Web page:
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  • Large-scale study showed the danger of smart devices


    It would seem that if you connect all the devices in the house to the Internet, life will become a little easier. However, the largest ever study of the Internet of things has shown that smart appliances often collect information about owners and share private information with third-party companies.

    Large-scale study showed the danger of smart devices

    Researchers from Northeastern University and Imperial College London studied 81 popular models of smart TVs, smart speakers, doorbells with Internet connections, released by Google, Apple, LG, Amazon, and other well-known companies. It turned out that most of the tested gadgets pass on user information to third-party companies. For example, almost all TVs tell Netflix about the preferences of the viewer, even if he did not connect the service to the device. Gadgets also transmit IP address, MAC address, usage habits, and location data.

    “A wide variety of Internet-connected devices in people's homes could potentially reveal consumer information to third parties. Our article represents the beginning of a long-awaited study that will allow consumers to better understand and control the information provided by their smart devices, ”said study author David Choffnes.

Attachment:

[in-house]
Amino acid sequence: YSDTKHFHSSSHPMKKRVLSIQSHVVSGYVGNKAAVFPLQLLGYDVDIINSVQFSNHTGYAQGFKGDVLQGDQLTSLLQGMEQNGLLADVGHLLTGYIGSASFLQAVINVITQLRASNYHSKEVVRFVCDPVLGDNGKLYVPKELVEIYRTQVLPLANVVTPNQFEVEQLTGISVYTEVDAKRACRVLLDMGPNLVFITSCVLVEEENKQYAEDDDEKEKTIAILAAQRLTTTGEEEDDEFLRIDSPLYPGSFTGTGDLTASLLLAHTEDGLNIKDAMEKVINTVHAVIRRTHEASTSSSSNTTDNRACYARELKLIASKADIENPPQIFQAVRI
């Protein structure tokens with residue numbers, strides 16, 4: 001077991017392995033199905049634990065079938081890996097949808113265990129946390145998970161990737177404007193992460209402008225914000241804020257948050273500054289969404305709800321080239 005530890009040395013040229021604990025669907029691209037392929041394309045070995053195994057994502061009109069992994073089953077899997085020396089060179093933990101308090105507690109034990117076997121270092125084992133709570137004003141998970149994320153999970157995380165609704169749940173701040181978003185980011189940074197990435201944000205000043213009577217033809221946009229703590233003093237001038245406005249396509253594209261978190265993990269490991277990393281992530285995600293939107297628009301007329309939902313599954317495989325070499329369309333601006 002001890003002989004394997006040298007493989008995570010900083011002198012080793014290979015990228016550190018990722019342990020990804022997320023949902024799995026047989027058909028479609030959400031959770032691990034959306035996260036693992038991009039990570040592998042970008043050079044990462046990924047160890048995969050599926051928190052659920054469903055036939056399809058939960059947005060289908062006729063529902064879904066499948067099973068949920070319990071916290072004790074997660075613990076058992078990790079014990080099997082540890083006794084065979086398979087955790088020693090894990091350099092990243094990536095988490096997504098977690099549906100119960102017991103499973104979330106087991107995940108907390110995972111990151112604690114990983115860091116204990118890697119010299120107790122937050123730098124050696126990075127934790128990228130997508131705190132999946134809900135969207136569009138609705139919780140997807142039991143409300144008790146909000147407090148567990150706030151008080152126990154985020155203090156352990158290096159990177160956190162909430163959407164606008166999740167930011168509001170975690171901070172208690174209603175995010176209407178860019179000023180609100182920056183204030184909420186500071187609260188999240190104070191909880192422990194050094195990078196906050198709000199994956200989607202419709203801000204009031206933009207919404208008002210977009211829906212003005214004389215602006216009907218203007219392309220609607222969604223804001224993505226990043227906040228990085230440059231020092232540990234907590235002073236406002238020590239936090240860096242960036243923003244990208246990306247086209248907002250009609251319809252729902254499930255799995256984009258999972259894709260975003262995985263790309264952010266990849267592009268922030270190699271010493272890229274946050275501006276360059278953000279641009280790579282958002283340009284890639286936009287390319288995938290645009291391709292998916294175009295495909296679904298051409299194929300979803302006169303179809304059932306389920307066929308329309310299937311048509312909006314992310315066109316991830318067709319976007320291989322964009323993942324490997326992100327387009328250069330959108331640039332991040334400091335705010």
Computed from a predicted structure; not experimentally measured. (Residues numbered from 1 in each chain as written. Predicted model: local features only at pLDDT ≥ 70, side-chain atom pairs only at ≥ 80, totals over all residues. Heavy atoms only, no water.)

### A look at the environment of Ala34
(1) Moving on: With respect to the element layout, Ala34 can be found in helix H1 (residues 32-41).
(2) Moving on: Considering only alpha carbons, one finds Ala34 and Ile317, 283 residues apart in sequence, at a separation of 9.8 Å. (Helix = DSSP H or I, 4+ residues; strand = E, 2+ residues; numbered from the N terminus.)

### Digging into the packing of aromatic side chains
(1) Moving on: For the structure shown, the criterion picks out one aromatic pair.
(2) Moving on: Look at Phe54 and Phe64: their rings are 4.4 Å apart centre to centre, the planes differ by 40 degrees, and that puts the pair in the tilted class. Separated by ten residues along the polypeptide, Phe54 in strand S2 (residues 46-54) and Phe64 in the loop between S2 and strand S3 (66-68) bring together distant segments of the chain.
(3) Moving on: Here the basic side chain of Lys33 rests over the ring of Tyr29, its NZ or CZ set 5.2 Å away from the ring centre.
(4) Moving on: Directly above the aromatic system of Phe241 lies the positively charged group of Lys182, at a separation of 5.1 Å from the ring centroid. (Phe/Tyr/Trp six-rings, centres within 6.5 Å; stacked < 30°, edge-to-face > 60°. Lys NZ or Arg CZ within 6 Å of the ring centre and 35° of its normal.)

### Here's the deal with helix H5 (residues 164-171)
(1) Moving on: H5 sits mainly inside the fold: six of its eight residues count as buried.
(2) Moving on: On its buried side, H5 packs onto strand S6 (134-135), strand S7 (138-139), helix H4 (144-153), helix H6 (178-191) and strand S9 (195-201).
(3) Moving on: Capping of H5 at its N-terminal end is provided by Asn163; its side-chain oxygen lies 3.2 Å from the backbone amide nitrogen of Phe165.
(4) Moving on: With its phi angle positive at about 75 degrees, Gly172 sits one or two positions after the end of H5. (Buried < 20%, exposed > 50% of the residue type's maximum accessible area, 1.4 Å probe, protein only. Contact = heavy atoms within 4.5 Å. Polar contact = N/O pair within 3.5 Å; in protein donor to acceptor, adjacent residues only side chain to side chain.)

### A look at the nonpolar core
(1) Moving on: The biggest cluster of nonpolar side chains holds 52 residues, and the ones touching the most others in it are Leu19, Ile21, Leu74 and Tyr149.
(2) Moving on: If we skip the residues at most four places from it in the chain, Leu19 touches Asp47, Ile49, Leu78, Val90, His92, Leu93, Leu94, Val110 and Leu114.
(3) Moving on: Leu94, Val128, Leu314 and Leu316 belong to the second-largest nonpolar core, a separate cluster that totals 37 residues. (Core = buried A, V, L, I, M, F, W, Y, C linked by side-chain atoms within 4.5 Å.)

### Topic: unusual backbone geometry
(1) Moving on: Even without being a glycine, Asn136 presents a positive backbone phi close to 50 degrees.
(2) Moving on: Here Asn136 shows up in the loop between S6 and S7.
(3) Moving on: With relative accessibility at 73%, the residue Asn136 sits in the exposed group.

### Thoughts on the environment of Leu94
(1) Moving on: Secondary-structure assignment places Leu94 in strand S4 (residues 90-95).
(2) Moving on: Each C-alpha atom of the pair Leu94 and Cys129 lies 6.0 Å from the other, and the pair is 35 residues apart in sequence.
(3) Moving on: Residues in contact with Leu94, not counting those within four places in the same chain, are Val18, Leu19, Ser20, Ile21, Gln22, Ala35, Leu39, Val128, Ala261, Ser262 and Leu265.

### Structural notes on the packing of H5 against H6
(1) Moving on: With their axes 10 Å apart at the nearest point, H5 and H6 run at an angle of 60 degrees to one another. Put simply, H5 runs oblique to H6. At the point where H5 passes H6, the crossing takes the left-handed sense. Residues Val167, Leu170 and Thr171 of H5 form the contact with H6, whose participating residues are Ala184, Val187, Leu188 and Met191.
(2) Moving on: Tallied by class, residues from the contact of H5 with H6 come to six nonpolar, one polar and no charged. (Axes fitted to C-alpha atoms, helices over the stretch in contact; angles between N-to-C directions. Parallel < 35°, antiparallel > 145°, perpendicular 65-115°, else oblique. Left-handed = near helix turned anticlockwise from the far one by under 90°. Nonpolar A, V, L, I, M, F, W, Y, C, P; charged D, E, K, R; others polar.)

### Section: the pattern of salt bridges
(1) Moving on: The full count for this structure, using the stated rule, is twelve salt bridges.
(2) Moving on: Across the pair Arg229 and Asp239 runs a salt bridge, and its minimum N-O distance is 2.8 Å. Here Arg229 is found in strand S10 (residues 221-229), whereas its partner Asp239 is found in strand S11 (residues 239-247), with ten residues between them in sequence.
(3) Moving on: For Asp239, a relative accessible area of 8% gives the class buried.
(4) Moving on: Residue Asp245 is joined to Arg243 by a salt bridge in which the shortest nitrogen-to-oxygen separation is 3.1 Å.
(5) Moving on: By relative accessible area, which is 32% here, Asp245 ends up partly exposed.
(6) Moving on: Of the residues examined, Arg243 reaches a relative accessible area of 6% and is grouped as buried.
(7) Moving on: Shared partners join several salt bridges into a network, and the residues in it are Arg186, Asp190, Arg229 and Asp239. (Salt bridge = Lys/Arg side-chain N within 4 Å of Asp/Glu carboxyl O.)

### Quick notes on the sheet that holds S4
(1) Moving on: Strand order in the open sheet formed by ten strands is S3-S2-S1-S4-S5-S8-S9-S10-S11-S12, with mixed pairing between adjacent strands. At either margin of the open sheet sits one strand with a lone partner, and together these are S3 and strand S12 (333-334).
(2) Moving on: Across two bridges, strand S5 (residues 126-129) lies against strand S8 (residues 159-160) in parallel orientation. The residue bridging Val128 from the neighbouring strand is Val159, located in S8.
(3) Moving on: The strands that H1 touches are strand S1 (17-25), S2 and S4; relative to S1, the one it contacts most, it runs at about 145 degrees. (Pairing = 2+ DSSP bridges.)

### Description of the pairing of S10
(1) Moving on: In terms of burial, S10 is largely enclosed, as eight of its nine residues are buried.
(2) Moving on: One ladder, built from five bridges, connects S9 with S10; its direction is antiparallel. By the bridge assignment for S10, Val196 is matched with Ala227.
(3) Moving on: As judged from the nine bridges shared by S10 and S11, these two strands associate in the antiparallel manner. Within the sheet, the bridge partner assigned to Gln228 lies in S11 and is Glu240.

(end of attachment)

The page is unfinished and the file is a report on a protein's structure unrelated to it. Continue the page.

In a series of 34,586 experiments, it was found that 72 devices were in contact with someone other than their manufacturer. Some gadgets also store and send recordings from cameras and microphones. The study showed that one camera communicates with 52 unique IP addresses around the world when transmitting data, and one TV establishes communication with 30 different IP addresses. The final recipients of the data are not only the majority of cloud computing providers, such as Akamai, Google or Amazon, but also a variety of marketing firms.

    Researchers also noted that the Internet channels of devices are usually encoded and protected from unforeseen leaks of the full amount of information. However, with the help of these flows, third parties can obtain some data about the algorithms of user behavior in working with equipment. According to Choffnes, people should, if possible, choose models without an Internet connection or read the reviews of security experts about the future purchase.


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